A toast to the hosts with the most

The teenager rolling across the concourse at Tokyo station was the epitome of Japanese cool. A fuzzy busby of hair dyed ginger, straggly goatee, big trousers and, to complete the look, a designer combat jacket. On the sleeve of the jacket was buttoned—in the manner of the Stone Island label favoured by British football hooligans—the all-important logo.
It read “This Will Make You Sweat”, the mark of an apparently au courant designer label here. As a brand name, you feel, it may need some work if it is to penetrate the English market.

About 10 years ago the Face magazine ran a feature on the Japanese fad for English words on their clothes. It was the shape of the letters people found appealing; meaning was not necessary. Just as well, because the chaotic jumble—“dance big crazy wild” was a top seller—generally meant nothing at all. Things have moved on from those early days of language abuse. In 2002, the plentiful splurges of English you see all around Tokyo make sense, in a surreal sort of way.

“The world varies according to the master,” read the legend on one T-shirt I spotted on the tube, and a clothes shop in the fashionable Shinjoya area is called Passing Time Reveals All. (A name not quite as memorable as an equipment-hire store in Niigata called Hard Off, which suggests that unfortunately trade is rather limp at the moment.)

The Japanese way with the English language is a bit like their approach to football: they don’t quite get it but, boy, they are not shy about having a go.

This is a nation that has, until now, absorbed its football almost entirely through the cathode-ray tube. These are fans from the face-paint age, their heroes the players they have seen on commercials. In the stadiums, they respond only to the mega slo-mo moments.

They sit in polite silence until David Beckham gets the ball, at which point they gasp as if on the point of collective orgasm. The biggest noise I have heard in a stadium so far was when a Nigerian forward attempted an overhead kick. That he failed to direct his effort anywhere near goal did not matter: this was football as they play it on the adverts.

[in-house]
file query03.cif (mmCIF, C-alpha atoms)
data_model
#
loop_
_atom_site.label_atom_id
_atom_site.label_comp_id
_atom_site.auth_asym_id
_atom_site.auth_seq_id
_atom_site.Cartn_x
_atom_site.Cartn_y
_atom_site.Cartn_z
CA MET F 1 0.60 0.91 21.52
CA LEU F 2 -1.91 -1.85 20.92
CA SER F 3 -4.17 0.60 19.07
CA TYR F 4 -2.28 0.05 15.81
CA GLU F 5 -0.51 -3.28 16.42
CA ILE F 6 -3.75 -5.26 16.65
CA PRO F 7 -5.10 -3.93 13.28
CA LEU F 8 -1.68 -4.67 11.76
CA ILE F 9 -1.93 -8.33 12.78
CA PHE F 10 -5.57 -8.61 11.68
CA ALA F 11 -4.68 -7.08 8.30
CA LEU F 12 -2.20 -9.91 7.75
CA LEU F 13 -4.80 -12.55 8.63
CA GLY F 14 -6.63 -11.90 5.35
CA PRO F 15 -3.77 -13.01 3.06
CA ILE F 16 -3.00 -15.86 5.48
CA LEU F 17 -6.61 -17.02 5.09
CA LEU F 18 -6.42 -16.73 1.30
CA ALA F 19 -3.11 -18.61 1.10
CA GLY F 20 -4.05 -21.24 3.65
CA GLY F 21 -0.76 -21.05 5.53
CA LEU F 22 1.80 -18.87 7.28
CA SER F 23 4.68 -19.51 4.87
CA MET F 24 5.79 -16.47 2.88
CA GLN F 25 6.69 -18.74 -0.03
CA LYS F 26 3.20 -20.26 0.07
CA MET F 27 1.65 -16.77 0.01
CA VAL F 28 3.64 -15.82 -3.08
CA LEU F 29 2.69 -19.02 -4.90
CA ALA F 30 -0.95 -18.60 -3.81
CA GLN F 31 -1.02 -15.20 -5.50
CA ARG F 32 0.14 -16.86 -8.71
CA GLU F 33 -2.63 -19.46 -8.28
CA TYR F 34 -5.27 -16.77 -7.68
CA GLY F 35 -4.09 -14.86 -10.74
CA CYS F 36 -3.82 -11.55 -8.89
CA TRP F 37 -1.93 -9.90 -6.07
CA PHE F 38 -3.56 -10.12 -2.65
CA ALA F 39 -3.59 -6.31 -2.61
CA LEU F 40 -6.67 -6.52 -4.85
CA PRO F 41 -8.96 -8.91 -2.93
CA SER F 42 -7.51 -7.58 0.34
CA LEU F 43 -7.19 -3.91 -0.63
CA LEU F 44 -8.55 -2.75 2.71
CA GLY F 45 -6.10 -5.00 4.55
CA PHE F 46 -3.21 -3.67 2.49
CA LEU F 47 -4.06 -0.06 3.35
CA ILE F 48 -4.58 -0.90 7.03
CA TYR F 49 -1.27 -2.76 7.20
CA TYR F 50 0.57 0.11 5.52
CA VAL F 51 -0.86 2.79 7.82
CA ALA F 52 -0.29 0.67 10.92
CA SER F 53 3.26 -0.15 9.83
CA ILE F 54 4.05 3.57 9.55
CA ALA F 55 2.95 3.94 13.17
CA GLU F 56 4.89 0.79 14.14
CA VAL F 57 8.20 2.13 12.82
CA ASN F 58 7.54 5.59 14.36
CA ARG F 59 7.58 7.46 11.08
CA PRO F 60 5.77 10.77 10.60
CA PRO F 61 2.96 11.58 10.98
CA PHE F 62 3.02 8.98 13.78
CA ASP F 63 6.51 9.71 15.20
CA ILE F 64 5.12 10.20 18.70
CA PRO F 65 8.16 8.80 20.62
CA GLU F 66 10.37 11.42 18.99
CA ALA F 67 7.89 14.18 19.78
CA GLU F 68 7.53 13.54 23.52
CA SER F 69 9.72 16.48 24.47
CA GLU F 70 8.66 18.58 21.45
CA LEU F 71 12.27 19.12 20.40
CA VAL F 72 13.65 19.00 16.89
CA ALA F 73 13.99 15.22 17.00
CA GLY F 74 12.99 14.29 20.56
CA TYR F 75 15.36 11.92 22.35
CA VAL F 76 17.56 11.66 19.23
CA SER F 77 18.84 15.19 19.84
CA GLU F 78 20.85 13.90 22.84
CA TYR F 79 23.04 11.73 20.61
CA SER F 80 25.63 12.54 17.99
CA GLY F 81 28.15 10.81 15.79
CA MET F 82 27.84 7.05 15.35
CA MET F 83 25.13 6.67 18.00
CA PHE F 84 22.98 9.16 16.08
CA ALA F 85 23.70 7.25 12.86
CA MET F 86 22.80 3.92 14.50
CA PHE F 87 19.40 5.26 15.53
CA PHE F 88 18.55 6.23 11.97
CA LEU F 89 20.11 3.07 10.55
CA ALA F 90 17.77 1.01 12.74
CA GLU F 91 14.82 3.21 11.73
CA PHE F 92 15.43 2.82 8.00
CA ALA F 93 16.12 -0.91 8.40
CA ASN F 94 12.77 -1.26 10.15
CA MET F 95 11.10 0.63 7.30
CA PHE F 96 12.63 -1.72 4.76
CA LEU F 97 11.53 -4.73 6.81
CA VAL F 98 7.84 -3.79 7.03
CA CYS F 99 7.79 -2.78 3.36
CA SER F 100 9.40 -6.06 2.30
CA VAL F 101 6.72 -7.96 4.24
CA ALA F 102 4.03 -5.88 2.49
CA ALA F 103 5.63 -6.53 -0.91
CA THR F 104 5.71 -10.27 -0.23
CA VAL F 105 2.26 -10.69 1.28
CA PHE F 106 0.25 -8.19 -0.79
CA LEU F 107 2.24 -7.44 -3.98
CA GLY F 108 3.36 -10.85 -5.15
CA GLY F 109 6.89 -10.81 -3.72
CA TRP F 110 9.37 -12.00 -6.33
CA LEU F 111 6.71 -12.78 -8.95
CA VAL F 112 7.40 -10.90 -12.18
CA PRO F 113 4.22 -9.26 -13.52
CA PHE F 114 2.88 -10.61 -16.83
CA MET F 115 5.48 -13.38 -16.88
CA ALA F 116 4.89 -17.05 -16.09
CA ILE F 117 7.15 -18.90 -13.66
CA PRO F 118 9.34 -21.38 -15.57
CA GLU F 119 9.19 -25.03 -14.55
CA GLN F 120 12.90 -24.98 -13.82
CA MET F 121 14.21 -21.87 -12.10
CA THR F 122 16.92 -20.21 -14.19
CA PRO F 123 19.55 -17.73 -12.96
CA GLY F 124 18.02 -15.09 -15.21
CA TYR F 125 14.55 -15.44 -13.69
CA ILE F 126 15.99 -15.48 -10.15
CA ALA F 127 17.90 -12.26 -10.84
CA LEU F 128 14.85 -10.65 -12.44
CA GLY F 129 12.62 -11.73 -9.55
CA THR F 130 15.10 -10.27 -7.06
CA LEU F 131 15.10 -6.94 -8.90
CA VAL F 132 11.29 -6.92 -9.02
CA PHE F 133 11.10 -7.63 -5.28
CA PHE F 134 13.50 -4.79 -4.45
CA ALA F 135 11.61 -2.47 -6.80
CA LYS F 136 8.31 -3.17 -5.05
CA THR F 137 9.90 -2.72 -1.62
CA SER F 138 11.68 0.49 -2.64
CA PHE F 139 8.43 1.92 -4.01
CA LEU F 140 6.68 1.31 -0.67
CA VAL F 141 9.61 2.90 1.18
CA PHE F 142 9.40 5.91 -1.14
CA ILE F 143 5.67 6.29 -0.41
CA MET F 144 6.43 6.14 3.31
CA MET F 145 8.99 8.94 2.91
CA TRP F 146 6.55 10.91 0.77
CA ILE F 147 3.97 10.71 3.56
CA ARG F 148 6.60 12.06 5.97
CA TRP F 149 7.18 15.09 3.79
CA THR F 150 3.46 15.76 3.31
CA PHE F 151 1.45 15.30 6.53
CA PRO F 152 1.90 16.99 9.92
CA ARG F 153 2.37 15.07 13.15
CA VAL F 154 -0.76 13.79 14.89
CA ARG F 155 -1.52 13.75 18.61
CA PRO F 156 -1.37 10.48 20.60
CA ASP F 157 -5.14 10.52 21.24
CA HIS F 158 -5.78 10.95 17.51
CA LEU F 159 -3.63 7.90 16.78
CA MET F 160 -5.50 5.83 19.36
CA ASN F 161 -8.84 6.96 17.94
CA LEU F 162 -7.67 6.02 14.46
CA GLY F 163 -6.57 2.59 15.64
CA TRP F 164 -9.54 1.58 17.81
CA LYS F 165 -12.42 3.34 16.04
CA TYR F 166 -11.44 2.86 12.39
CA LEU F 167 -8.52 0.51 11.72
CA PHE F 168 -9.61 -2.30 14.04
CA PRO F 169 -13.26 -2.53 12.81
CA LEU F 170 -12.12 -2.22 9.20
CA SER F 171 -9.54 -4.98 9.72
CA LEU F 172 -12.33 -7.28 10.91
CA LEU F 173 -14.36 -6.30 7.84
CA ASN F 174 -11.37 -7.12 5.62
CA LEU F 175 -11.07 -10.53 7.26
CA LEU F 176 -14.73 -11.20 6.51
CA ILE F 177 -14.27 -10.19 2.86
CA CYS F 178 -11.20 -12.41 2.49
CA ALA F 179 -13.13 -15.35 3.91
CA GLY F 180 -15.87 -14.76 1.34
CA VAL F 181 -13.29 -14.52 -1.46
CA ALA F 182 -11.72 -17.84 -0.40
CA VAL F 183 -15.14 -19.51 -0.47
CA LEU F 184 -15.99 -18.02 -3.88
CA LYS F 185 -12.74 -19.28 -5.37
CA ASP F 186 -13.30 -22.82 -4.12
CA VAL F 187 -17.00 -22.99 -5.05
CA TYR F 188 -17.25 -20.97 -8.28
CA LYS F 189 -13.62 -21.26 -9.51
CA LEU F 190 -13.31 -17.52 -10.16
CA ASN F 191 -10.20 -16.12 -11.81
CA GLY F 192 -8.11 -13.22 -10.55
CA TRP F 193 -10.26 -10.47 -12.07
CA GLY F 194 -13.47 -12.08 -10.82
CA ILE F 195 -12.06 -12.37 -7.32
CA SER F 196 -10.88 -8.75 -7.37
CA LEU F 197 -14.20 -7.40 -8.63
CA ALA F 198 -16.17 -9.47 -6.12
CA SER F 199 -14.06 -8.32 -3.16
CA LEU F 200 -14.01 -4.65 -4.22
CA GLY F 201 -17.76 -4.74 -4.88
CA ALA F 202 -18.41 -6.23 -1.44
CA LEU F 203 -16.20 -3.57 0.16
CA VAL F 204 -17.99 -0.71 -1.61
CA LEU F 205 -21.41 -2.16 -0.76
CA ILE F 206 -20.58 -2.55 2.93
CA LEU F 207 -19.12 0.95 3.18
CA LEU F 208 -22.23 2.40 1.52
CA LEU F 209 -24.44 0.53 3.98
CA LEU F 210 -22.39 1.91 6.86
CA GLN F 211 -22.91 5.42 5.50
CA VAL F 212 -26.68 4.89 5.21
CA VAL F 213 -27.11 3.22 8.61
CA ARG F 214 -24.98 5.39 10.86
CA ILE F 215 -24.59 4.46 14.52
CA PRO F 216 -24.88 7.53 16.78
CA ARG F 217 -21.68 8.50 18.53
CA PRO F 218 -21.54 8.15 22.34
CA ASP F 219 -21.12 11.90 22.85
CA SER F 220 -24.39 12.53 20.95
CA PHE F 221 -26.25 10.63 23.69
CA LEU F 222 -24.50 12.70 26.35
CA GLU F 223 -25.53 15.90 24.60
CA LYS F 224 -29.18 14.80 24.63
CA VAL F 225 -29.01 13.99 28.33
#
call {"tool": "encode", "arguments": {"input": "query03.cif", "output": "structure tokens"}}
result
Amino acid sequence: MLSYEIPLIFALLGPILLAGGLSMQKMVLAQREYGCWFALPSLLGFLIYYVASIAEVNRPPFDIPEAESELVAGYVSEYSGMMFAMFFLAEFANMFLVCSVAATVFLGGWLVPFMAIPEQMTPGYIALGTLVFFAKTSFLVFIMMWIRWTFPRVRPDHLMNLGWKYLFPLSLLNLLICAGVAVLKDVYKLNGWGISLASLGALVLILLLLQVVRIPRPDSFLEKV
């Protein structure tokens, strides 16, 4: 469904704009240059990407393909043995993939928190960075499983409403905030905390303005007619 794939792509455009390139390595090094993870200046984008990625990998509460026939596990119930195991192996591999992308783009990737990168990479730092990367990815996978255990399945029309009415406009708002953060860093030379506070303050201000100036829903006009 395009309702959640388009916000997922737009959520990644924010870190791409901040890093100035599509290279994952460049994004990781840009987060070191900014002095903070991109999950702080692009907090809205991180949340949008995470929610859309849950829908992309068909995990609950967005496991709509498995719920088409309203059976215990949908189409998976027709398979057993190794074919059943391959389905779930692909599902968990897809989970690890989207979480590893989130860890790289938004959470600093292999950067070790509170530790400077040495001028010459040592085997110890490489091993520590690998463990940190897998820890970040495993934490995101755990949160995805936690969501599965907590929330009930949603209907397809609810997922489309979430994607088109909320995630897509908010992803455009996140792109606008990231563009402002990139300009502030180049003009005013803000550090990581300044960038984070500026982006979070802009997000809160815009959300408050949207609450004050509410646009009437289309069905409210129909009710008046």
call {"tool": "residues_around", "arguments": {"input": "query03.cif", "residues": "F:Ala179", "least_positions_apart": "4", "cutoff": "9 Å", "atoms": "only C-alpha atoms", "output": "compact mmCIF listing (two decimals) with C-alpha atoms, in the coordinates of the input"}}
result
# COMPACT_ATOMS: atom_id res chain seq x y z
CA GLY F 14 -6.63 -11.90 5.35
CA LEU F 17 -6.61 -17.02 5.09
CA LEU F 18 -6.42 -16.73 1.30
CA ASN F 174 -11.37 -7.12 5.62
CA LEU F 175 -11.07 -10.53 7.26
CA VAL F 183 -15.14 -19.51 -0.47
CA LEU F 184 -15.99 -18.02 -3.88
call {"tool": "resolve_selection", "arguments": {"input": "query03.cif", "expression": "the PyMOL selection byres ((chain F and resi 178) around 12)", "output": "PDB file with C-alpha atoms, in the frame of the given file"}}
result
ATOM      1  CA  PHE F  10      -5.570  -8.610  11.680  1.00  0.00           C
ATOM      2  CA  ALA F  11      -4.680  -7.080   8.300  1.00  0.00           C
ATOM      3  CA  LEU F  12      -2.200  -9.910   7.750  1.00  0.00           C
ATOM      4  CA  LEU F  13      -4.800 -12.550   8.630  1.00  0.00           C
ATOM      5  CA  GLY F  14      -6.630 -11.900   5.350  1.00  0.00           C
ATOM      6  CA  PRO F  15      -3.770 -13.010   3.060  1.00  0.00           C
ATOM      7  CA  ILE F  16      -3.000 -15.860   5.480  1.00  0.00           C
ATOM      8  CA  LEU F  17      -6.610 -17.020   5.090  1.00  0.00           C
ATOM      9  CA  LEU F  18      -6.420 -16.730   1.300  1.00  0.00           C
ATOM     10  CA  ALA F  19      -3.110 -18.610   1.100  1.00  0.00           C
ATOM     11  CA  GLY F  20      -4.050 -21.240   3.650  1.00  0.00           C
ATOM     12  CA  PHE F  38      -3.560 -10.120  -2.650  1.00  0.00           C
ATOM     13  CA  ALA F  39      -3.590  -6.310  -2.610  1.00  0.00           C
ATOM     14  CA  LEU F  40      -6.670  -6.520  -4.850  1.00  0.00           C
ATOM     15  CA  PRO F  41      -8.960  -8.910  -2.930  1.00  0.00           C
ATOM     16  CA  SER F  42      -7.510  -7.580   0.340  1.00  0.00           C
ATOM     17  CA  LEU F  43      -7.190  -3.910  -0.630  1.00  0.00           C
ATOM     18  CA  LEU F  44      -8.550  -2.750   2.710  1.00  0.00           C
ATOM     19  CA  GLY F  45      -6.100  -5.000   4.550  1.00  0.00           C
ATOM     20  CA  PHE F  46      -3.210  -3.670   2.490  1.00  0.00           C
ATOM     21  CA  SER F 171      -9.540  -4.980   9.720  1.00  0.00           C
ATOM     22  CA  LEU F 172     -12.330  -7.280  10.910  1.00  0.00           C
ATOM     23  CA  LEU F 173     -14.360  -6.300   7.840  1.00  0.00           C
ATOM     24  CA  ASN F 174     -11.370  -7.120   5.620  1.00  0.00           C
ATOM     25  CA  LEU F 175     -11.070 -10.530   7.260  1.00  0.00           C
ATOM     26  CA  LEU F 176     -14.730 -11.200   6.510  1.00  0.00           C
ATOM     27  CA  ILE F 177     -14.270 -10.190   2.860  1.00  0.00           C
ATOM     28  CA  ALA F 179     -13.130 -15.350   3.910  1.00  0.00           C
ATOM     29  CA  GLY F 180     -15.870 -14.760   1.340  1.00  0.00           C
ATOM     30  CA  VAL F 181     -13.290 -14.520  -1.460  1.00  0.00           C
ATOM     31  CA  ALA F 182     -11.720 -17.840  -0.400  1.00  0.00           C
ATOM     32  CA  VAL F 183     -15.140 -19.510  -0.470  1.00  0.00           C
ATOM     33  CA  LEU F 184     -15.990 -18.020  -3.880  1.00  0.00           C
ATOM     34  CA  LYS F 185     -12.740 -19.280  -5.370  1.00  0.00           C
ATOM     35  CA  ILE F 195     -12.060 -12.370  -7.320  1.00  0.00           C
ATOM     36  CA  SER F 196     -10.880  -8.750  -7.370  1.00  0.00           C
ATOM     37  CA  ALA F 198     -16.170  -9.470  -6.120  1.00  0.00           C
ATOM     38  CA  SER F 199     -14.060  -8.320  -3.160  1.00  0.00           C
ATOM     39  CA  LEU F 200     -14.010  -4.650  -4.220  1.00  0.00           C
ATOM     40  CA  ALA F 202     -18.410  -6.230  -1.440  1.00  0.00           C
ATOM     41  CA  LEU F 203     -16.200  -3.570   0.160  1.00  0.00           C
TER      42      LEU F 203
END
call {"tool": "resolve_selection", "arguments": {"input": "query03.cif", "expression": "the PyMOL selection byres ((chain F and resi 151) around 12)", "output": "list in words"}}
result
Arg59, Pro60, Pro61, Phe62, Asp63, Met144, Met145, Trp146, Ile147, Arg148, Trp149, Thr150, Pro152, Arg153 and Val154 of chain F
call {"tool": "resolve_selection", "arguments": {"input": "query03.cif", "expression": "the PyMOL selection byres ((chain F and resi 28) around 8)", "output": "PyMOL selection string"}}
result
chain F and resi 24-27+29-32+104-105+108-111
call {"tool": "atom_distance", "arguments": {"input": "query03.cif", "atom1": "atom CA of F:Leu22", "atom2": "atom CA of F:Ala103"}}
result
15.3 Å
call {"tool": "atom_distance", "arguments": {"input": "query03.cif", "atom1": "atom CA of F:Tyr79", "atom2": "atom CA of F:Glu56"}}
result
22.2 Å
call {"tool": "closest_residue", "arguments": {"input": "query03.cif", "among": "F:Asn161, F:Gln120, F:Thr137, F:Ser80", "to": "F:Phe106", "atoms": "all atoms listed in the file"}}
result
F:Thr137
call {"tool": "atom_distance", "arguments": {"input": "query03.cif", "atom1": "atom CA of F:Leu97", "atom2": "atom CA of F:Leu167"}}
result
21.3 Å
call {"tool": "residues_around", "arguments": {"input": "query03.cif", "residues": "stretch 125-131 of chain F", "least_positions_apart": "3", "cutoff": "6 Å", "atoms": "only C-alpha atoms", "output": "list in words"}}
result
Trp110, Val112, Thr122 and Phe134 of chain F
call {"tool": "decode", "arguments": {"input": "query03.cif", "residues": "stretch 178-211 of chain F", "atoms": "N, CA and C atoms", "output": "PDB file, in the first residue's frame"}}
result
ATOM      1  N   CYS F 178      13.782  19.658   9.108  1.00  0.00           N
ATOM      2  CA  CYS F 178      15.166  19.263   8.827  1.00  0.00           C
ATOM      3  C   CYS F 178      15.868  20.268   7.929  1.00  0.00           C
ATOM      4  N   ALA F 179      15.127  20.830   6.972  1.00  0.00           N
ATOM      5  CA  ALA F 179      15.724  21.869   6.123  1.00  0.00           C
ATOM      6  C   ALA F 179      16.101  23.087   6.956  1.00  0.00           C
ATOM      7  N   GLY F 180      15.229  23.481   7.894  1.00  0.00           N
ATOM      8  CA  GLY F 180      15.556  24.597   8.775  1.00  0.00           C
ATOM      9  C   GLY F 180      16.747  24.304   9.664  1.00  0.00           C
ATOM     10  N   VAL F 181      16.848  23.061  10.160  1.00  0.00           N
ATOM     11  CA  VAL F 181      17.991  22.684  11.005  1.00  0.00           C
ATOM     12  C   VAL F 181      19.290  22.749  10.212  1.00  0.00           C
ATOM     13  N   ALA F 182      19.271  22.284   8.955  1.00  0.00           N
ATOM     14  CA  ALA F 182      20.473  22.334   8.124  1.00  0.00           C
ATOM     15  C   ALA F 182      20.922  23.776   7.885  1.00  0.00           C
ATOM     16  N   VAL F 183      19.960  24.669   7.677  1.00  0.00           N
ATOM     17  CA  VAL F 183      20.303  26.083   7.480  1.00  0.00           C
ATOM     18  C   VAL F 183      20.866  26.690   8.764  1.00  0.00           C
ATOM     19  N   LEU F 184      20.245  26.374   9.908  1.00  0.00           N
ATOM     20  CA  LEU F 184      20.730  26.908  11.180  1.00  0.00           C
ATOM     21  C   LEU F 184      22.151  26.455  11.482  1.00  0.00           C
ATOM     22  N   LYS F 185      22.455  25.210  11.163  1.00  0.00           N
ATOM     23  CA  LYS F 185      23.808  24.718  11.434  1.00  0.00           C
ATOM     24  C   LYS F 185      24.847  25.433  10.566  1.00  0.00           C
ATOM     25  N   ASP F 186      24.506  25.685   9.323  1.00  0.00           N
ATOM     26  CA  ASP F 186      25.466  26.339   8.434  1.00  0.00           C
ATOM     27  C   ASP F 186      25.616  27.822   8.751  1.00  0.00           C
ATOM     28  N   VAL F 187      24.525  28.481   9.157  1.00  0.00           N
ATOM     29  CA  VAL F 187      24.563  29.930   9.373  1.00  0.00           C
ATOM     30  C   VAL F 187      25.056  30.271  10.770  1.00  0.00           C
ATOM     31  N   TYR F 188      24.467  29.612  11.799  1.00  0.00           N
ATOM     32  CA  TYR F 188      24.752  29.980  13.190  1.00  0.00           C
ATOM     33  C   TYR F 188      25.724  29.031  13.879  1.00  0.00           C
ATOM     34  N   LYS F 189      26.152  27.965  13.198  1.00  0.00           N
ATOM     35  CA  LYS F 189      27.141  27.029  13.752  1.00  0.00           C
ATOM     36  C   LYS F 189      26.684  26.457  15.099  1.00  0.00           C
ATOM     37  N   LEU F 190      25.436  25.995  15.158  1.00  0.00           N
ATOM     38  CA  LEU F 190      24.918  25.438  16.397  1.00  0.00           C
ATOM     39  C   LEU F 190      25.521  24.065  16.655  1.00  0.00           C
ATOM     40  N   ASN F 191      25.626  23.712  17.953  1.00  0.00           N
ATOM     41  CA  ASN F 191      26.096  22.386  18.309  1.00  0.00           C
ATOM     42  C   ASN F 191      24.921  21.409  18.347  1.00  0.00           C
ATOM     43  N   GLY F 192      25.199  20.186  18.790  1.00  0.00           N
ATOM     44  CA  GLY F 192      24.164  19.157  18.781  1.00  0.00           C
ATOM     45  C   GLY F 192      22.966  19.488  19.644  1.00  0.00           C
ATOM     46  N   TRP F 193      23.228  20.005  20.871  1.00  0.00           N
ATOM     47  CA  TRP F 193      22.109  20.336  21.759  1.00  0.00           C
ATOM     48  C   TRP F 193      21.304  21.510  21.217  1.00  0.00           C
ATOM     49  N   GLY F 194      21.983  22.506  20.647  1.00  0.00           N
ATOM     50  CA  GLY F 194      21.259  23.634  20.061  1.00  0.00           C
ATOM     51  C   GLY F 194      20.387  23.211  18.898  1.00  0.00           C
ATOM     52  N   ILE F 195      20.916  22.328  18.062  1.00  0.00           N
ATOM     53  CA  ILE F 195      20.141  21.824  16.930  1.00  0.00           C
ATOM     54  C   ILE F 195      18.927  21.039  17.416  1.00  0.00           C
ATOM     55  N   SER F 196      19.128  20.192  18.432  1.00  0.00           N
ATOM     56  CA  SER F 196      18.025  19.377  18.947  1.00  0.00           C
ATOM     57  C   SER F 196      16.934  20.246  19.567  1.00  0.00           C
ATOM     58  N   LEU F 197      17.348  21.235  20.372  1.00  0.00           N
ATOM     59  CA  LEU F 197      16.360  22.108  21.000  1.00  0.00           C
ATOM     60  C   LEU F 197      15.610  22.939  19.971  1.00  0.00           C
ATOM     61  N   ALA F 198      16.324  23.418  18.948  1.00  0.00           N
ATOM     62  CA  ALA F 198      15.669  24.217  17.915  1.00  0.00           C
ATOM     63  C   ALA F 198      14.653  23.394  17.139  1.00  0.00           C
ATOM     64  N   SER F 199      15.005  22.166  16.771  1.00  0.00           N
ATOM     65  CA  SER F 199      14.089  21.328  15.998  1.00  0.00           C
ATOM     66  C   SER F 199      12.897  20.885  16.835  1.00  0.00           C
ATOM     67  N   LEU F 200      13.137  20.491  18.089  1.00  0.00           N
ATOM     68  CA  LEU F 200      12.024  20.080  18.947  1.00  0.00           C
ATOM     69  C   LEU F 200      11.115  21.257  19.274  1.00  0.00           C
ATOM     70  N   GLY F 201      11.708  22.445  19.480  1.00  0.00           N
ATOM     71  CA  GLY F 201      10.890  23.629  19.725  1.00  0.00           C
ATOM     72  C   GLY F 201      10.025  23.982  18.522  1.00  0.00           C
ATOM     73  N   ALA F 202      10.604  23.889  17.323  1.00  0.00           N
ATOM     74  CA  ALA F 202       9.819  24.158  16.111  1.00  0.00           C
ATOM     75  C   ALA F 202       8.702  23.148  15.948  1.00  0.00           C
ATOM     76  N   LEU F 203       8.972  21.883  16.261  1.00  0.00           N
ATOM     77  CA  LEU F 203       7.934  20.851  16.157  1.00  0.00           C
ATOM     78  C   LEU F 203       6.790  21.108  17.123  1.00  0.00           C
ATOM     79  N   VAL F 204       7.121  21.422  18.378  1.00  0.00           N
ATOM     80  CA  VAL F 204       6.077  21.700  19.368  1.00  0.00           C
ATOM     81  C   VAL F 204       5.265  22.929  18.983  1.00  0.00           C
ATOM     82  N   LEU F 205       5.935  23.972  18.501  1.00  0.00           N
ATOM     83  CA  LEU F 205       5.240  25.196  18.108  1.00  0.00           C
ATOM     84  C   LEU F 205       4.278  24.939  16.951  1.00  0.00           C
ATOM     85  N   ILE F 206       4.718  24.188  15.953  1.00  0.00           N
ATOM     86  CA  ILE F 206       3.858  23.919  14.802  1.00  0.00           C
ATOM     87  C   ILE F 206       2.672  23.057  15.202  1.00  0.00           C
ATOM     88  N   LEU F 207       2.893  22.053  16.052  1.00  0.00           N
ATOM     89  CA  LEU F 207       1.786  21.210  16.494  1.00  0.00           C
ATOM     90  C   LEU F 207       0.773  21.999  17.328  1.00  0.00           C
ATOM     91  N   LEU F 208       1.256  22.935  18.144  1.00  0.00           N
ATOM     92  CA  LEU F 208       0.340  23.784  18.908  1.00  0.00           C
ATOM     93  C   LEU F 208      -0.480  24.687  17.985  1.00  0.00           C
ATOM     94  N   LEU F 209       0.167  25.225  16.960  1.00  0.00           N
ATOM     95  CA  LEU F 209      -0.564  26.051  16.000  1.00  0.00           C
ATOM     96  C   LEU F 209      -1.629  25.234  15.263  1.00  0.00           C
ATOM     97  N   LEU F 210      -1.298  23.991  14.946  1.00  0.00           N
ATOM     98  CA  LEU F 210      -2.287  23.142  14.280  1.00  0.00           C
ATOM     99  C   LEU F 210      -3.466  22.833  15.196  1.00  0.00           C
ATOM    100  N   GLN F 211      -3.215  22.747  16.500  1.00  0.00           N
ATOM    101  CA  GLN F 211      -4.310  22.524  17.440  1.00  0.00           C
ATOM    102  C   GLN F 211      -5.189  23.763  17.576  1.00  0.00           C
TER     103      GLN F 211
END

Which is why they are so fascinated by the visiting supporters, who bring with them the sniff of authenticity (which, as humidity levels soar, in the case of some of the Irish is detectable at 40m); for instance the little knot of Cameroonian women dancers in Niigata, who wiggled their hips with an impressive dedication.

For an hour before the game and for 90 minutes during it they were completely surrounded by Japanese taking their photographs. Not pressmen, just ordinary fans astonished at the sights and sounds descending on their town.

And the excitement was by no means restricted to the African visitors. Outside the stadium the fancy-dress parade that is Ireland’s support was being snapped at every turn. There were leprechauns and green superheroes, and a platoon of Elvises posed with local children, enjoying popularity the real thing would have been pushed to match.

None, though, got more attention than a man in a kilt, who kept lifting up his hem to widespread gasps of delight from his hosts. This being an Irishman rather than a Scot, he had something under there: a thong and a suspender belt. Fair enough; why shouldn’t high court judges enjoy their football too?

Such is their enthusiasm for their visitors, that many of the Japanese have taken to adopting a visiting nationality for the day. As a member of the BBC’s army of representatives over here pointed out, the England crowd in Saitama was by far the best behaved, politest, most pleasant bunch of England supporters ever to assemble at an international, largely because at least three-quarters of them were Japanese.

So far I have seen Japanese Irish, Japanese Argentinians and dozens of Japanese sporting the sleeveless shirts of Cameroon. But the most touching sight of all came during Nigeria’s national anthem when, in among the hundred or so Nigerian fans gathered behind the goal, a bare-chested Japanese man stood, eyes shut, clutching his hand to his heart in temporary patriotic fervour. Can you imagine that happening in England? Or France? Or Italy?

Which is why this tournament is shaping up to be the best in World Cup history. It is not just the great games (did you see Brazil against Turkey?), or that the trains work, or that eight magnificent stadiums have been built in Japan alone, on time and to budget (at this point it is not even worth uttering the word Wembley). It is the life-affirming excitement of the locals for a game many of us have long since forgotten is meant to be fun. No doubt the souvenir T-shirts are already being printed up, complete with the logo “A time good bloody by had all”.

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